Abstract: Zooplankton is an immensely diverse group of organisms occupying every corner of the oceans, seas, and freshwater bodies on earth. They form a crucial link between autotrophic phytoplankton and higher trophic levels such as crustaceans, mollusks, fish, and marine mammals. Changing water temperatures, salinities and decreasing pH values currently create monumental challenges to their well-being. A significant subgroup of zooplankton are crustaceans of sizes between 1 and 10 mm. They have extremely acute senses that allow them to navigate their surroundings, escape predators, find food and mate. In a series of works with Rudi Strickler (Department of Biological Sciences, University of Wisconsin - Milwaukee) we have investigated various behaviors of crustacean zooplankton. These include the visualization of the feeding current of the calanoid copepod Leptodiaptomus sicilis and the communication by sex pheromones in the copepod Temora longicornis. In these studies, we use tools from optics, ecology, computational fluid dynamics, and computational neuroscience.
Tom Powers (Brown)
Title: Mechanics of Colloidal Membranes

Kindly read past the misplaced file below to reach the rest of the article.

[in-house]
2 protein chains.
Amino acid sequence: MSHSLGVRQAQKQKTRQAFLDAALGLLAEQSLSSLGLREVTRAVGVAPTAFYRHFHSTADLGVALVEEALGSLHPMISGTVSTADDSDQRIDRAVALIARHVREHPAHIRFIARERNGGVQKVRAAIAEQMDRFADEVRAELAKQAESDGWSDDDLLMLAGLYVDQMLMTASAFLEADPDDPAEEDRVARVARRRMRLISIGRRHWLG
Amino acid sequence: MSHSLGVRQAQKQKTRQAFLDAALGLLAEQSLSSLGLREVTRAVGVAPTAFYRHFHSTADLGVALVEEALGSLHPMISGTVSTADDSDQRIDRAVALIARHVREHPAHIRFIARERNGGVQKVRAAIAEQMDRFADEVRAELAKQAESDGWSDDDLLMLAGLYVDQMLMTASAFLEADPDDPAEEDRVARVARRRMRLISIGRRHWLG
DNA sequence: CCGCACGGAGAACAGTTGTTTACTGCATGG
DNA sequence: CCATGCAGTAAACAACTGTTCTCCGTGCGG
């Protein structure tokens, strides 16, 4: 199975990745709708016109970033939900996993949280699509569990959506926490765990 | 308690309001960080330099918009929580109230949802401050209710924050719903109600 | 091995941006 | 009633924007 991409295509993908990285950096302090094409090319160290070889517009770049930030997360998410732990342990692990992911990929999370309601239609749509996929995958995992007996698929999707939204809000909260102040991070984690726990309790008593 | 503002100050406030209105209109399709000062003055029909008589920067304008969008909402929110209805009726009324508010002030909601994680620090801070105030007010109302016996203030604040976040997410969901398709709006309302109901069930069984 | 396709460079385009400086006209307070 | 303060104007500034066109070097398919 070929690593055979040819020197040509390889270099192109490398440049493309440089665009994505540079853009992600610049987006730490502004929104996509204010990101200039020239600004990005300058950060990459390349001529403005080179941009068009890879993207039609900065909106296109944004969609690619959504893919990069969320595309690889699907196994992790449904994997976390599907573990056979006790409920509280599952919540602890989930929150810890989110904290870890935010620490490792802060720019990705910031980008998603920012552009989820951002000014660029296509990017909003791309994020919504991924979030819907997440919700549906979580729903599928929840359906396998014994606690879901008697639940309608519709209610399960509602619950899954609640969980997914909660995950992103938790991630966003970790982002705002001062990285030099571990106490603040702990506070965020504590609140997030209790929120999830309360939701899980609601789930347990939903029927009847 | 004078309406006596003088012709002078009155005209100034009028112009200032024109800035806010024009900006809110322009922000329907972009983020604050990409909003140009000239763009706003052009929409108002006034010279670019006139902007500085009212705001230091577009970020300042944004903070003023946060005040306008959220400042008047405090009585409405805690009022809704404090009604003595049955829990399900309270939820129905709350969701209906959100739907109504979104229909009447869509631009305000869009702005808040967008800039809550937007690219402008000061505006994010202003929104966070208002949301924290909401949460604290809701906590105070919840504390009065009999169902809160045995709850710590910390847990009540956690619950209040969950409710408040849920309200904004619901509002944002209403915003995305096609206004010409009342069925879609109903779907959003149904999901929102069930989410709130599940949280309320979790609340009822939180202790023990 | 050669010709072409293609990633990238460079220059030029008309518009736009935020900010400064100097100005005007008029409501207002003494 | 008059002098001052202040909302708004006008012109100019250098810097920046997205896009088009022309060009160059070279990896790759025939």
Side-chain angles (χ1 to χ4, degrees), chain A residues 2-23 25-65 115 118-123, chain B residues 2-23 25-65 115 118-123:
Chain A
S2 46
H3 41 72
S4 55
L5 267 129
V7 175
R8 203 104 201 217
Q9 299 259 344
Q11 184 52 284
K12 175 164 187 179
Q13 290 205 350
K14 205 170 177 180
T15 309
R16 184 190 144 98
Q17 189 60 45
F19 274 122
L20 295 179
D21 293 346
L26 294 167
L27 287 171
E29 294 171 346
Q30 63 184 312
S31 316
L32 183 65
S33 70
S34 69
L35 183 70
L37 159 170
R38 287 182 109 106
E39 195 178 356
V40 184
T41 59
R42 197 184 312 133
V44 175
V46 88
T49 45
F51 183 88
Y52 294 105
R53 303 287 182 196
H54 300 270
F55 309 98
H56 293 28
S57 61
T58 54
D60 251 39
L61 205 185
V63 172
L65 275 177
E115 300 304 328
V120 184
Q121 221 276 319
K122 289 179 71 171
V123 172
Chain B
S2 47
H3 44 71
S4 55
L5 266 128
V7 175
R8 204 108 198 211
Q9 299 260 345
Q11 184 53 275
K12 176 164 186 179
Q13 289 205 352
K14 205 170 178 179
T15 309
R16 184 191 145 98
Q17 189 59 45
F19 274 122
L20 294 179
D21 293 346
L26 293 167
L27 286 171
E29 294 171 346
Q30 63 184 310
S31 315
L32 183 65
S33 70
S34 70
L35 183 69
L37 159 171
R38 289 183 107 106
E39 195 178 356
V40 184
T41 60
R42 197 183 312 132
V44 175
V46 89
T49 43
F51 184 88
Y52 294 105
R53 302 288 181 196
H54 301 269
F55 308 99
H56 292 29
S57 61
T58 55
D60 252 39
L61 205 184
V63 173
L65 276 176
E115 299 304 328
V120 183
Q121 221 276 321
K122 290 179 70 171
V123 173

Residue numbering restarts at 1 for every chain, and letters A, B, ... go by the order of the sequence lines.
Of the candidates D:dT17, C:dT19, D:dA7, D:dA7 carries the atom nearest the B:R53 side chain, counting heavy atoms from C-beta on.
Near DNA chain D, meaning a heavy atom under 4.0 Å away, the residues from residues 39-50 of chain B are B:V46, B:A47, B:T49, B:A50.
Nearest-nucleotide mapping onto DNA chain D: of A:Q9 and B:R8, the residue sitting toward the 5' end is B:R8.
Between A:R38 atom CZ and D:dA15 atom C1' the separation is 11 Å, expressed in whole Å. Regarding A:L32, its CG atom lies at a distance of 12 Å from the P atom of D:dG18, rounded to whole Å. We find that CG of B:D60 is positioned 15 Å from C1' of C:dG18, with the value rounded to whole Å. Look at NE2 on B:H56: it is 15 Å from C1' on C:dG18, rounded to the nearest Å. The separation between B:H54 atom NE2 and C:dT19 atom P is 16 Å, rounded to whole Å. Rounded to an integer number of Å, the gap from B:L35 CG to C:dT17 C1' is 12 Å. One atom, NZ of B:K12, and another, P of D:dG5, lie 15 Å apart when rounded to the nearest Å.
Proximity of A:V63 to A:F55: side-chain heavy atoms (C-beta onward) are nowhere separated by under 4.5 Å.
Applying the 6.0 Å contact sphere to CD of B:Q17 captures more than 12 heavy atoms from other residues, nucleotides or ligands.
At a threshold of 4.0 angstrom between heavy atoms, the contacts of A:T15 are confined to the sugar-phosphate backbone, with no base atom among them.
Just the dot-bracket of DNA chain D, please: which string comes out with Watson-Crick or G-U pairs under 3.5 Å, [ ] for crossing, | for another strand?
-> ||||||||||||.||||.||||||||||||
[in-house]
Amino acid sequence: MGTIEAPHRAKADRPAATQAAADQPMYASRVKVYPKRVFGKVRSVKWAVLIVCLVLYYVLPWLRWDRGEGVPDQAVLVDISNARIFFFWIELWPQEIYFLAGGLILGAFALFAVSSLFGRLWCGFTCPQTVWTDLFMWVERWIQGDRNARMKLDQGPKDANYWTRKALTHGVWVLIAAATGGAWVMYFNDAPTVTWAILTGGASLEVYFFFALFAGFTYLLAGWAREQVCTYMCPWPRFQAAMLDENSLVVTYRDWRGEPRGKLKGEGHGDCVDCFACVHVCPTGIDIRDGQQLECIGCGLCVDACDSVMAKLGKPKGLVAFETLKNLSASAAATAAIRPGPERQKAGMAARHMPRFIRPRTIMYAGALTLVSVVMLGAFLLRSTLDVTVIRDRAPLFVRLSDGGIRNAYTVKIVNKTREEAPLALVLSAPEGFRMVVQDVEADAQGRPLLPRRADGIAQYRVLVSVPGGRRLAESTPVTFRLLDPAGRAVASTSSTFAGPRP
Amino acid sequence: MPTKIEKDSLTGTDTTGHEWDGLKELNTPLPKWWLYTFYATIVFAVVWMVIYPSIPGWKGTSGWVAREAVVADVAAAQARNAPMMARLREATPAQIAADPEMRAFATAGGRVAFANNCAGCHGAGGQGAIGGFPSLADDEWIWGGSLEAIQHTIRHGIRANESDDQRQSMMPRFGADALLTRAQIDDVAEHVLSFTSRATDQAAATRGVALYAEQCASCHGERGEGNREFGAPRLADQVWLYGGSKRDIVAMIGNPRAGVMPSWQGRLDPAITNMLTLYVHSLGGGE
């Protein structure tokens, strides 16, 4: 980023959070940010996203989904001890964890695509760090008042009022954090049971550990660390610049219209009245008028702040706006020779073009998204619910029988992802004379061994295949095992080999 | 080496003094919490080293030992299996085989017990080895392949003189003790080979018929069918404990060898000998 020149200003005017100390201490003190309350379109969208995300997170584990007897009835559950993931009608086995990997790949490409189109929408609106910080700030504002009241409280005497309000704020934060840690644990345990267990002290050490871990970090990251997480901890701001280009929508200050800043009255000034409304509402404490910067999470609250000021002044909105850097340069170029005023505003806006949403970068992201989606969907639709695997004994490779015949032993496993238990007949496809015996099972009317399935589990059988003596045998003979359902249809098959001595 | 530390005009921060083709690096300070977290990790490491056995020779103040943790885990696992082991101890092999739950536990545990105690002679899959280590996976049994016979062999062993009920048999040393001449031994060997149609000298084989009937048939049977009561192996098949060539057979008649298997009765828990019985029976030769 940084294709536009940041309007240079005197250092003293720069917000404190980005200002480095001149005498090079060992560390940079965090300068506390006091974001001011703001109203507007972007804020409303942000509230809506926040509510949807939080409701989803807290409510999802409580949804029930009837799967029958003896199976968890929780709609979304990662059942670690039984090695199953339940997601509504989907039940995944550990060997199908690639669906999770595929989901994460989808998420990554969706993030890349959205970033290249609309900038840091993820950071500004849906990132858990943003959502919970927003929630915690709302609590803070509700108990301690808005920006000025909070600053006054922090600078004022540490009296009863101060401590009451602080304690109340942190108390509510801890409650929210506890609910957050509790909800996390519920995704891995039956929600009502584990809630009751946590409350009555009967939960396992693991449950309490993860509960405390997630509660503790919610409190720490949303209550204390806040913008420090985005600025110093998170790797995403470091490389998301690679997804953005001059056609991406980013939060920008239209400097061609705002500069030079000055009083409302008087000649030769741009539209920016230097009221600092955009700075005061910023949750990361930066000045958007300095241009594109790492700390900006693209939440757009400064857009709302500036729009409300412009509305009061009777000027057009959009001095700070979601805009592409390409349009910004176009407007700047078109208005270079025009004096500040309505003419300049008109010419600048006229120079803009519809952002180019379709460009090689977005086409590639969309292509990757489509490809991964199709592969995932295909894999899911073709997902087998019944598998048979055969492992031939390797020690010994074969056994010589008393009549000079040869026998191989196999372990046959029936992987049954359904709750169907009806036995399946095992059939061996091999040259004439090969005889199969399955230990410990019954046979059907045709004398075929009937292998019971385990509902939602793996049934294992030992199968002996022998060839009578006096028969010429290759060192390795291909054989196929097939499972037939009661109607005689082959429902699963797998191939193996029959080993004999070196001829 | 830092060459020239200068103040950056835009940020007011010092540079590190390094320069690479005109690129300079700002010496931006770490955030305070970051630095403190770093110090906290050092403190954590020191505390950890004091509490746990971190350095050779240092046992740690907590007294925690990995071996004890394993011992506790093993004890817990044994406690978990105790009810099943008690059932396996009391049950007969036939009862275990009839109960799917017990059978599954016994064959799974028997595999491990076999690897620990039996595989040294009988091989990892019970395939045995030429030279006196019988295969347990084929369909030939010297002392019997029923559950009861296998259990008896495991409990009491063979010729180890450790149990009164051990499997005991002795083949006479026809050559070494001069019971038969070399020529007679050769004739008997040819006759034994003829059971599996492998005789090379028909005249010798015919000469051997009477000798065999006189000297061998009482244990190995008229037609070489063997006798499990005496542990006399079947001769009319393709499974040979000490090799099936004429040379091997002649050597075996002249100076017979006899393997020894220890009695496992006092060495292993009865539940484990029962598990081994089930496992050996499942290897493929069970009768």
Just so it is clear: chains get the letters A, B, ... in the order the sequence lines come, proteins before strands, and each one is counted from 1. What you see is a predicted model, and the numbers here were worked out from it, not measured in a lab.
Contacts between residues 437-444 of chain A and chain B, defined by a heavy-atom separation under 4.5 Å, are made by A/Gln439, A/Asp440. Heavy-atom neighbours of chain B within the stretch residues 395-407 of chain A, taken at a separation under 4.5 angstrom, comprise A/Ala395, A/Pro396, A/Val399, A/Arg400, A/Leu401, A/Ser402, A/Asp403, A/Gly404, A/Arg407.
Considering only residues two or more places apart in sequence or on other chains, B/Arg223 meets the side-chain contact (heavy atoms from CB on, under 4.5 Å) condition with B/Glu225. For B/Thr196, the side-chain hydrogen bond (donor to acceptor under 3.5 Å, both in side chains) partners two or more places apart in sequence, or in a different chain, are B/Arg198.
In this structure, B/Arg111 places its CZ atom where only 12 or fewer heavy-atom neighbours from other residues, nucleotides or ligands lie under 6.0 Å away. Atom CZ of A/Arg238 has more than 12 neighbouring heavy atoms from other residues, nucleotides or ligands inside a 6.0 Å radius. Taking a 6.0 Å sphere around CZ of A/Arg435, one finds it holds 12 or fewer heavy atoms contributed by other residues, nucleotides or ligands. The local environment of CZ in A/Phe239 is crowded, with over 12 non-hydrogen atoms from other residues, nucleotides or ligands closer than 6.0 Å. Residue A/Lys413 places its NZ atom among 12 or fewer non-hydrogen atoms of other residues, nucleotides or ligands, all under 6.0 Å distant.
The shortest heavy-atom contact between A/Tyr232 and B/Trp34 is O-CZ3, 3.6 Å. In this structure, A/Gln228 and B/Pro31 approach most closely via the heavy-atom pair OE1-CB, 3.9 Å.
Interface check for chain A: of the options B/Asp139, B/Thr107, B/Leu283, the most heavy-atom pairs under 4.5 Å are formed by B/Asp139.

Abstract: Colloidal membranes are unique 2D assemblages consisting of a liquid-like layer monolayer of aligned rod-like viruses that are held together by osmotic pressure. Although they are a few hundred times thicker, colloidal monolayer membranes share many properties with lipid bilayers, such as in-plane fluidity and resistance to bending. However, they also display distinctive properties, such as a propensity to have exposed edges, as well as shapes with negative Gaussian curvature. Furthermore, colloidal membranes commonly have liquid crystalline properties because the rods twist near the edge of the membrane. Accounting for both the liquid crystalline degrees of freedom and the three-dimensional shape is challenging. Therefore, we develop an effective theory in which the liquid crystalline degrees of freedom are described by geometrical properties of the edge, such as edge length, curvature, and geodesic torsion. Using this theory we predict when flat membranes are unstable to a twisted shape, calculate the power spectrum for the edge fluctuations, and compute the force vs. extension curve for a membrane subject to a stretching force. Our results give insight into the nature of the handedness of the ribbons as well as the sign of the Gaussian curvature modulus.